Hanging baskets above the main production benches is a common approach for increasing space use efficiency in a greenhouse. However the shadow cast by the baskets has the potential to negatively affect the growth and quality of the crops growing on the benches. Faust (et al., 2014) found that;
a) the amount of shading increased with the number of baskets used – but the effect was not directly proportional to the number of baskets. For example – hanging enough baskets that they covered 5% of the roof area blocked out 5% of the incoming light – but at the highest density of baskets tested – where they covered 60% of the roof area – there was only a 26% reduction in light levels recorded on the benches below the baskets.
b) adding plants (poinsettias) to the pots increased their potential to block incoming light – although again the degree of blockage was not directly proportional to the size of the pot+plant.
c) hanging baskets with green pots absorbed 30% more light than baskets with white pots. This suggest the potential for the crop growing on the benches to benefit from reflected/diffuse light that has passed through or reflected off the overhead canopy of hanging baskets.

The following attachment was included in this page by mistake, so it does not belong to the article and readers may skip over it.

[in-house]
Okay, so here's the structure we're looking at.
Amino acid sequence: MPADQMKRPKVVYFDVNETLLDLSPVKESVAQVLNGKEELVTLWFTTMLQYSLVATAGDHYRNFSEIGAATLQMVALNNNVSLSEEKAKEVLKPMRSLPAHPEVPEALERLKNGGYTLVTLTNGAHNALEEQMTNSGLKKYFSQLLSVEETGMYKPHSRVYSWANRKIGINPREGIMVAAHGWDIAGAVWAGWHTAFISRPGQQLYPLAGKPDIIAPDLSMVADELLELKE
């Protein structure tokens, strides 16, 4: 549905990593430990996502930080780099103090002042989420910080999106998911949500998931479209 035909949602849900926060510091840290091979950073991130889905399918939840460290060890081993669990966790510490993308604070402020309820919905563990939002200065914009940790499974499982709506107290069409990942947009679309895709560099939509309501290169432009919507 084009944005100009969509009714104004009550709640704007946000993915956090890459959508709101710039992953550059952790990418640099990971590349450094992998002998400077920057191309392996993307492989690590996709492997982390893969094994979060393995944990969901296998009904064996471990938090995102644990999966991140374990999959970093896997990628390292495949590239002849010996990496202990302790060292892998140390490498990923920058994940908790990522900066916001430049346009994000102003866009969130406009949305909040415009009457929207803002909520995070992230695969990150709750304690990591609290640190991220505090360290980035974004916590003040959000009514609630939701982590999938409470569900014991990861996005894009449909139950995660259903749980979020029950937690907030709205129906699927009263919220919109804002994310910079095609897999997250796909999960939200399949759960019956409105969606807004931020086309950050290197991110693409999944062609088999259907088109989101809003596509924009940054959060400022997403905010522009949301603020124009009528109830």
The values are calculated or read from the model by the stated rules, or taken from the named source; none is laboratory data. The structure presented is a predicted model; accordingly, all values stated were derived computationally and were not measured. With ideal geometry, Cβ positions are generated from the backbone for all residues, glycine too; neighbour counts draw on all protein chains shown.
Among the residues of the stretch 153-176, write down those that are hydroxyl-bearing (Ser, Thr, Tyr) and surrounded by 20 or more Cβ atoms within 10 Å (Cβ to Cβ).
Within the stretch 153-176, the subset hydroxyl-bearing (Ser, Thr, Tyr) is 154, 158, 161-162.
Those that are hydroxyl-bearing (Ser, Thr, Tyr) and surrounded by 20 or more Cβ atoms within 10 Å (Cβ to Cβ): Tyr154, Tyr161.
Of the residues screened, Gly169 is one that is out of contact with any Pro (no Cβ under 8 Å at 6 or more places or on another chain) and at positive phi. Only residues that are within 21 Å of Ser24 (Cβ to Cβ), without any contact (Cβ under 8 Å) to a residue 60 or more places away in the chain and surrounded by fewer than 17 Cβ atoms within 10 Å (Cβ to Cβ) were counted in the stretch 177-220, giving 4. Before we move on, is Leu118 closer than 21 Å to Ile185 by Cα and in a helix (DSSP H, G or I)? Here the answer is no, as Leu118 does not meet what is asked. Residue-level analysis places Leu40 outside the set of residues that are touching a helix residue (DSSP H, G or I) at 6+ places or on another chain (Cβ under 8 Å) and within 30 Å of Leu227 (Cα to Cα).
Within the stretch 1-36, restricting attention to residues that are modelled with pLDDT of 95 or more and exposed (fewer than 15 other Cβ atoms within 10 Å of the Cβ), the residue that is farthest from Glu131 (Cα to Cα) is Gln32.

d) having light pass through a canopy of hanging baskets reduced the Red : Far Red ratio of the light that reached the benches. This change in light quality has the potential to negatively impact crop quality – as it encourages lanky growth with few branches. The researchers however emphasis that the reduction in total amount of light reaching the benches would be expected to have a far greater potential to negatively impact crop growth than any change in the spectral characteristics of the light that occurred as it passed through the canopy of hanging baskets.
Source : Faust, Korczynski and Samarkoon (2014) HortTechnology 24: 369-373.